Rob Oesterle: 2005 Morris
Having spent most of my time in and around Morris, it stands to reason that the best team I ever covered was the 2005 Morris team. It was the first year that Morris was in Class 6A for the playoffs, and they still went undefeated and won the state title.
But those that think the 2005 Morris team was John Dergo and a bunch of other guys are sadly mistaken. Yes, Dergo was the centerpiece, but the rest of the table was very well-dressed.
For example, there was Jamie Cumbie, a 6-foot-7, 260-something pound man-child who transferred in from somewhere in South Carolina and deservedly earned the nickname Big Country. As great as Dergo was as a running back, Cumbie was equally as dominant on the defensive line. When the situation called for it and he got a bit more amped up than usual, the poor quarterback on the other side had no chance. It's no wonder that he went back home to play his college ball at Clemson.
Cumbie was just one-half of the monstrous two tight-end set the Redskins employed, the other being 6-5 225 Dane Zumbahlen, who went on to have a nice career at Illinois State. And, let's not forget tackle Alex Perry (6-6. 250), who only went on to be a starter at Indiana. The rest of the line was big, too, and first-year coach George Dergo kept things simple. You knew who was going to get the ball. Heck, George would tell you if you asked him. But could you stop it? The answer was a resounding 'No.'
Defensively, with Cumbie stationed on one side of the line, Kyle Komperda as the linebacker on the other side and Dergo, a two-time state wrestling champion at 171 pounds, as the strong safety in the middle, there was nowhere for an offense to go, and they generally didn't. Cumbie's total of 24 sacks ranks as the third-best season total in IHSA history, according to IHSA.org.
Also according to IHSA.org, Dergo had one of the six 3,000-yard rushing seasons, 3,010 to be exact, in state history, and his total of 376 points scored ranks him second. He was on top when he graduated, but Aurora Christian's Anthony Maddie has since topped him in that category. He scored 52 touchdowns in 14 games and also kicked extra points. The few times the Redskins had to punt that season, he also took care of that. It's no wonder that the number 5 he wore on his jersey looked like an S. It was said that year that Superman wore John Dergo pajamas. I think even Chuck Norris wore John Dergo pajamas.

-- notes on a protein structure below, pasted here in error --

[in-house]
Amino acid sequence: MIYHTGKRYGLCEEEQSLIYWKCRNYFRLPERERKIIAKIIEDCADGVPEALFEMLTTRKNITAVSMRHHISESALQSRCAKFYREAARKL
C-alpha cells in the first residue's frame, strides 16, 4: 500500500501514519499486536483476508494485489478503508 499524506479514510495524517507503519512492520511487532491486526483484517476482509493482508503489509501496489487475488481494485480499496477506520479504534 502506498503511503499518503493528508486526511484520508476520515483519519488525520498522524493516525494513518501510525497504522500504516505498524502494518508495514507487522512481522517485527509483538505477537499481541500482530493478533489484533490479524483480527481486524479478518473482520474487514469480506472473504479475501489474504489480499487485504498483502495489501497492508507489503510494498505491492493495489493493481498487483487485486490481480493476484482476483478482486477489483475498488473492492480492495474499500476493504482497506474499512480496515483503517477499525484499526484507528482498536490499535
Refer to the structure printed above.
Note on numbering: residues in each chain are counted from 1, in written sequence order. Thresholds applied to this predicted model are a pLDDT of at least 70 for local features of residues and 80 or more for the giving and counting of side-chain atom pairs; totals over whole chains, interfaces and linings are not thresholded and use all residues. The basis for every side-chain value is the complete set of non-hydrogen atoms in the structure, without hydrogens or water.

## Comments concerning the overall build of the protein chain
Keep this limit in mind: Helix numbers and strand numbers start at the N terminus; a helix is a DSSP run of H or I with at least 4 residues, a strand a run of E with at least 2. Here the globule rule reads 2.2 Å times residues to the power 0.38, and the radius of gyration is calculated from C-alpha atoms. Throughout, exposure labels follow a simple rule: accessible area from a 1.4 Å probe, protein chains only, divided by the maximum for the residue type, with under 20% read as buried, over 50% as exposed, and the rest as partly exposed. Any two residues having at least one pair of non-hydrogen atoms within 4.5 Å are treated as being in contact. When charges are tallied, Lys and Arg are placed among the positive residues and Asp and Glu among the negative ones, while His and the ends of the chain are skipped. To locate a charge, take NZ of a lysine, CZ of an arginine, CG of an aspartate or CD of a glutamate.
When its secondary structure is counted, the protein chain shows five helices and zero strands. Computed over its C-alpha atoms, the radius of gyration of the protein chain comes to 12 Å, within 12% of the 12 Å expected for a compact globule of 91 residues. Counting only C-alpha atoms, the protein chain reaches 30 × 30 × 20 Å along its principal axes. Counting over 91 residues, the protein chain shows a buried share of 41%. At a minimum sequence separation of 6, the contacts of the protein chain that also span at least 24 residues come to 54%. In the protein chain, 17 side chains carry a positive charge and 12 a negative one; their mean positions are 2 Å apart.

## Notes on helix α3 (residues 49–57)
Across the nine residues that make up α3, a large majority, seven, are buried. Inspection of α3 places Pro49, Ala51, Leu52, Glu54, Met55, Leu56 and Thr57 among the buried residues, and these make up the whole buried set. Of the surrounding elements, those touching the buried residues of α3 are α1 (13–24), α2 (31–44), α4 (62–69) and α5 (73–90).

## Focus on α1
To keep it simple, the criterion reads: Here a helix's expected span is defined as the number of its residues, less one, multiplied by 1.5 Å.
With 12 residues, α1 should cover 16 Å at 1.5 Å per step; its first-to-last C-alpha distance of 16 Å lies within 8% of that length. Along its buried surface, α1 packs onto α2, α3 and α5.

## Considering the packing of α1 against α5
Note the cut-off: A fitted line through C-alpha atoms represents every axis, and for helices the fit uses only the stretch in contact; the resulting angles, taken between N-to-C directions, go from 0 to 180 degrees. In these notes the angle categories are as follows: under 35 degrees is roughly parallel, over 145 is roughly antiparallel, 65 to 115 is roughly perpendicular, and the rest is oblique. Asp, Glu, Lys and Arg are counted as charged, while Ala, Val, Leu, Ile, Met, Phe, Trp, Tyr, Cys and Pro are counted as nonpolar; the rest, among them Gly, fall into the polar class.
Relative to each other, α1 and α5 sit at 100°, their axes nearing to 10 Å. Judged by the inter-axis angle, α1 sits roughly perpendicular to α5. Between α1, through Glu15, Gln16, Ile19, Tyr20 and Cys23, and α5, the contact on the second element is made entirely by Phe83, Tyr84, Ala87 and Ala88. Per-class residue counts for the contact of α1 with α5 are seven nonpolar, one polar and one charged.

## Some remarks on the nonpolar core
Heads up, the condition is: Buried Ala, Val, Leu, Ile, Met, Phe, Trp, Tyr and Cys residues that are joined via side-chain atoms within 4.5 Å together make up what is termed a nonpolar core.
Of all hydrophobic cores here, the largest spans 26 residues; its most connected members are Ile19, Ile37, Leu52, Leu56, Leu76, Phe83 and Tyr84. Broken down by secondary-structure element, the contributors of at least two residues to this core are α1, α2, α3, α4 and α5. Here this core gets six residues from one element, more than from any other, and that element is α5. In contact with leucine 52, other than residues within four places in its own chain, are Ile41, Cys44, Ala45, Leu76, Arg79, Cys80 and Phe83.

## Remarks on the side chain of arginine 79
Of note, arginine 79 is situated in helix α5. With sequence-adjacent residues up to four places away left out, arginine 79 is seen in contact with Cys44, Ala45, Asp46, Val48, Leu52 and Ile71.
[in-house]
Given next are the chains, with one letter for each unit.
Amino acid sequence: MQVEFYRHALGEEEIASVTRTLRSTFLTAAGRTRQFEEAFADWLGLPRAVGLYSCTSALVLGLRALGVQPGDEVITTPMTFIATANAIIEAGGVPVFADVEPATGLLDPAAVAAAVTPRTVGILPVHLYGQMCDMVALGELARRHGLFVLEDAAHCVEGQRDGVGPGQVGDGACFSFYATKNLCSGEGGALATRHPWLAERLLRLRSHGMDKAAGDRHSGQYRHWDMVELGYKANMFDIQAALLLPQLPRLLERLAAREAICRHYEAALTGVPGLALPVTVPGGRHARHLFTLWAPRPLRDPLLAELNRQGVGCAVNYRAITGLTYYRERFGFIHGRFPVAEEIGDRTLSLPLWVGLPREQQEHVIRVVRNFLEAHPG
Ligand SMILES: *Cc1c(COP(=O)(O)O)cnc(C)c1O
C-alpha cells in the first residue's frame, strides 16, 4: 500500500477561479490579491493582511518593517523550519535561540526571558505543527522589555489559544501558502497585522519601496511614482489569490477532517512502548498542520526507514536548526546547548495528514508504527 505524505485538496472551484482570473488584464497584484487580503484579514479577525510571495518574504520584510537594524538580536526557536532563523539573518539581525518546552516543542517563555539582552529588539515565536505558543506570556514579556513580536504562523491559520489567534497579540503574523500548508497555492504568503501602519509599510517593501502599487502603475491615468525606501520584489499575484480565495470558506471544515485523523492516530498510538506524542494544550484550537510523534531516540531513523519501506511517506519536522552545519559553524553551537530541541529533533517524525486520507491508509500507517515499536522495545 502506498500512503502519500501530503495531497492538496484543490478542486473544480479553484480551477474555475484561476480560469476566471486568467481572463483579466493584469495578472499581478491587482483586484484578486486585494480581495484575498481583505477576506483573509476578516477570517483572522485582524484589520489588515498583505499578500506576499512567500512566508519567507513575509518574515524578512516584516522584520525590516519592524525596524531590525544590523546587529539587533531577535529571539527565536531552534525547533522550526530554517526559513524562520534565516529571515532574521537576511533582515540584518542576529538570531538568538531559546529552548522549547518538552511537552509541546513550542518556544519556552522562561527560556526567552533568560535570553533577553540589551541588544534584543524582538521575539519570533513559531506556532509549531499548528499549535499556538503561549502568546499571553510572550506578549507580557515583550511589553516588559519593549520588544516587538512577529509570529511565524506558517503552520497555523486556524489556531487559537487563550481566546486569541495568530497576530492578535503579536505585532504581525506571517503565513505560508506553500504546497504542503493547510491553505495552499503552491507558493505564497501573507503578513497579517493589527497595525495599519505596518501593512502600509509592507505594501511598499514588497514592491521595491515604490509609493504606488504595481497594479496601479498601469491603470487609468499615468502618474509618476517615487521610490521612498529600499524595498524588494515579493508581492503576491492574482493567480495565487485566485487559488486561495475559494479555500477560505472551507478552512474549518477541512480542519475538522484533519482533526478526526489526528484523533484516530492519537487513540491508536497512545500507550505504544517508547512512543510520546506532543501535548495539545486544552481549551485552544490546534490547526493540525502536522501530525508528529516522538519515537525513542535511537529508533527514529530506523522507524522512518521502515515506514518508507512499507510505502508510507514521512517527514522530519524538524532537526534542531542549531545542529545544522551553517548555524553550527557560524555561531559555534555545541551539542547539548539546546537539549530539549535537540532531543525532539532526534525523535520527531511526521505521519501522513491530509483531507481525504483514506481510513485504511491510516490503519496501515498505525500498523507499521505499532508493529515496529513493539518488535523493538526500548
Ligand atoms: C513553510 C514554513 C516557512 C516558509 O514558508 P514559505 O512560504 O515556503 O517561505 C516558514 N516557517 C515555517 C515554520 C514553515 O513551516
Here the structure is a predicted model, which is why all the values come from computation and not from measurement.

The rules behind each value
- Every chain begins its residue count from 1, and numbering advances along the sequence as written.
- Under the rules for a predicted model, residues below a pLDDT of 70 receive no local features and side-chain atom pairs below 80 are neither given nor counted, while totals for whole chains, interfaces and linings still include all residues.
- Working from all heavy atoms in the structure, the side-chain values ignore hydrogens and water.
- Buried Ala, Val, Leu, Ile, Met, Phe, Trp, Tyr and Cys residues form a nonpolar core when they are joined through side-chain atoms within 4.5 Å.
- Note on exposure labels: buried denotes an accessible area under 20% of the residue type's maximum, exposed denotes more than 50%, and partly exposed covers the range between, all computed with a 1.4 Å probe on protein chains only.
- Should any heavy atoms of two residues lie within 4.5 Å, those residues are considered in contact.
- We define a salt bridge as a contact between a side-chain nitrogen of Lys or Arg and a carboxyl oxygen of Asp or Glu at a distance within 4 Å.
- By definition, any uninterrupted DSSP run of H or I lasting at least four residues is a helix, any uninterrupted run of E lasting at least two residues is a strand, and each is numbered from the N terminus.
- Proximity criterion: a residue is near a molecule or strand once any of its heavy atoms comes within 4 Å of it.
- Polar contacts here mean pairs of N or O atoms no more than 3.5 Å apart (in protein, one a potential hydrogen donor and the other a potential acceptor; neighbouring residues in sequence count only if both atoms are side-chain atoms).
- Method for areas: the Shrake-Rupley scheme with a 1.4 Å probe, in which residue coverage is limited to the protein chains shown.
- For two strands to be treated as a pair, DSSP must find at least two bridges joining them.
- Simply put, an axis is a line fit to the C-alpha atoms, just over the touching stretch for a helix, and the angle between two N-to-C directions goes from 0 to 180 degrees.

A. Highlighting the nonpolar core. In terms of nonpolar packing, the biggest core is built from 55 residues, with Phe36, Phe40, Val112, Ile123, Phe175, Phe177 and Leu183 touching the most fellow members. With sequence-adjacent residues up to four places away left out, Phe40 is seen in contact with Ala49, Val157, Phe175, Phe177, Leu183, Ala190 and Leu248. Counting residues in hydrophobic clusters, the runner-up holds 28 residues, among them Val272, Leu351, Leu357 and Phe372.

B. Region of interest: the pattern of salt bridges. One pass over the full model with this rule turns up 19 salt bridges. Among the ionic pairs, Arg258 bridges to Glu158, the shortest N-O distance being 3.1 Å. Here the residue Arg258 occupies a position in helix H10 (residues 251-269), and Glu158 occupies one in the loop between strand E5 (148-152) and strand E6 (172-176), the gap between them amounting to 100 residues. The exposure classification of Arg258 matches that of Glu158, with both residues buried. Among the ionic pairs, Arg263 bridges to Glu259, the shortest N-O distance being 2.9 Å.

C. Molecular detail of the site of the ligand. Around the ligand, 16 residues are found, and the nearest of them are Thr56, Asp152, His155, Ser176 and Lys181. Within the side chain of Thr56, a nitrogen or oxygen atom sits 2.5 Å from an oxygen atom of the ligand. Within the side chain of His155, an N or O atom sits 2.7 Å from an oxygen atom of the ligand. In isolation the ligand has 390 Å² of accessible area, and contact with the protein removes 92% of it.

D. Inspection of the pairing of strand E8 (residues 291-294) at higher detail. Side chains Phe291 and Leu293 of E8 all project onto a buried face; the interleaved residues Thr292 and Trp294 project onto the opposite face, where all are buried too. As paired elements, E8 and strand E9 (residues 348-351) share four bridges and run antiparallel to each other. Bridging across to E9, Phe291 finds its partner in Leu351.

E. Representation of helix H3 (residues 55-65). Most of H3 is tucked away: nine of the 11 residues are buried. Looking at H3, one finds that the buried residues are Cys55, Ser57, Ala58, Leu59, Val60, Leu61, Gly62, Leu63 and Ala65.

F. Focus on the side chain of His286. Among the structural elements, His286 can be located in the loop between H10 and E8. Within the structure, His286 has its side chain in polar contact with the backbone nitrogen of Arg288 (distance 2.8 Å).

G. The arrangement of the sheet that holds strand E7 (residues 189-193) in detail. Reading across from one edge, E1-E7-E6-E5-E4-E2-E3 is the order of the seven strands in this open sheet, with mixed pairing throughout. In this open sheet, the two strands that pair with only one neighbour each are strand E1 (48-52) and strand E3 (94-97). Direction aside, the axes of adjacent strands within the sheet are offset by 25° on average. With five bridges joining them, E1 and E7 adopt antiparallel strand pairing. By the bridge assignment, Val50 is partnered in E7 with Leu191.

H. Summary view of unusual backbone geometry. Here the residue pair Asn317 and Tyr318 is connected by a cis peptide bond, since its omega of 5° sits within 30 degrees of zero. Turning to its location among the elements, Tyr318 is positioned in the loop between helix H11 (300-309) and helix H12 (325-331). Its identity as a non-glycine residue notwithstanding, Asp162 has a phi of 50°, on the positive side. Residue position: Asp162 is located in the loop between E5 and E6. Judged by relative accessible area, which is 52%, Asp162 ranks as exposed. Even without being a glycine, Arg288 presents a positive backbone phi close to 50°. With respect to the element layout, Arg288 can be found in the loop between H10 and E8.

There were a lot of great players on that team, players that in other seasons would have been the unquestioned star. But they all knew who their leader was. There was no jealousy. They just wanted to win, and they knew what it took to do it. They had been brought through the system by one of the best to ever oversee a program in Dan Darlington and, when Darlington was gone and George Dergo took over, they took on some of George's one-of-a-kind, easy-going, yet intense, personality. It was a perfect match.
John Dergo had a habit of cutting back against the defensive flow once he got into the secondary, and his linemen knew it. They never gave up on a play. That showed itself in the season-defining win over Joliet Catholic Academy. Dergo broke loose was near the left sideline before cutting toward the middle of the field. Perry had finished off his block at the line and was sprinting behind Dergo, looking for someone else to hit. He found him. That poor JCA defensive back. I still don't think he knows what hit him.
That was the essence of that team. They knew each other so well. They knew what their teammates were going to do and where they were going to be, and they were always there to give each other a hand. It wasn't surprising to me when I heard that John Dergo had become a foreman for a scrap metal company and hired some of his former teammates. He knew he could always count on them.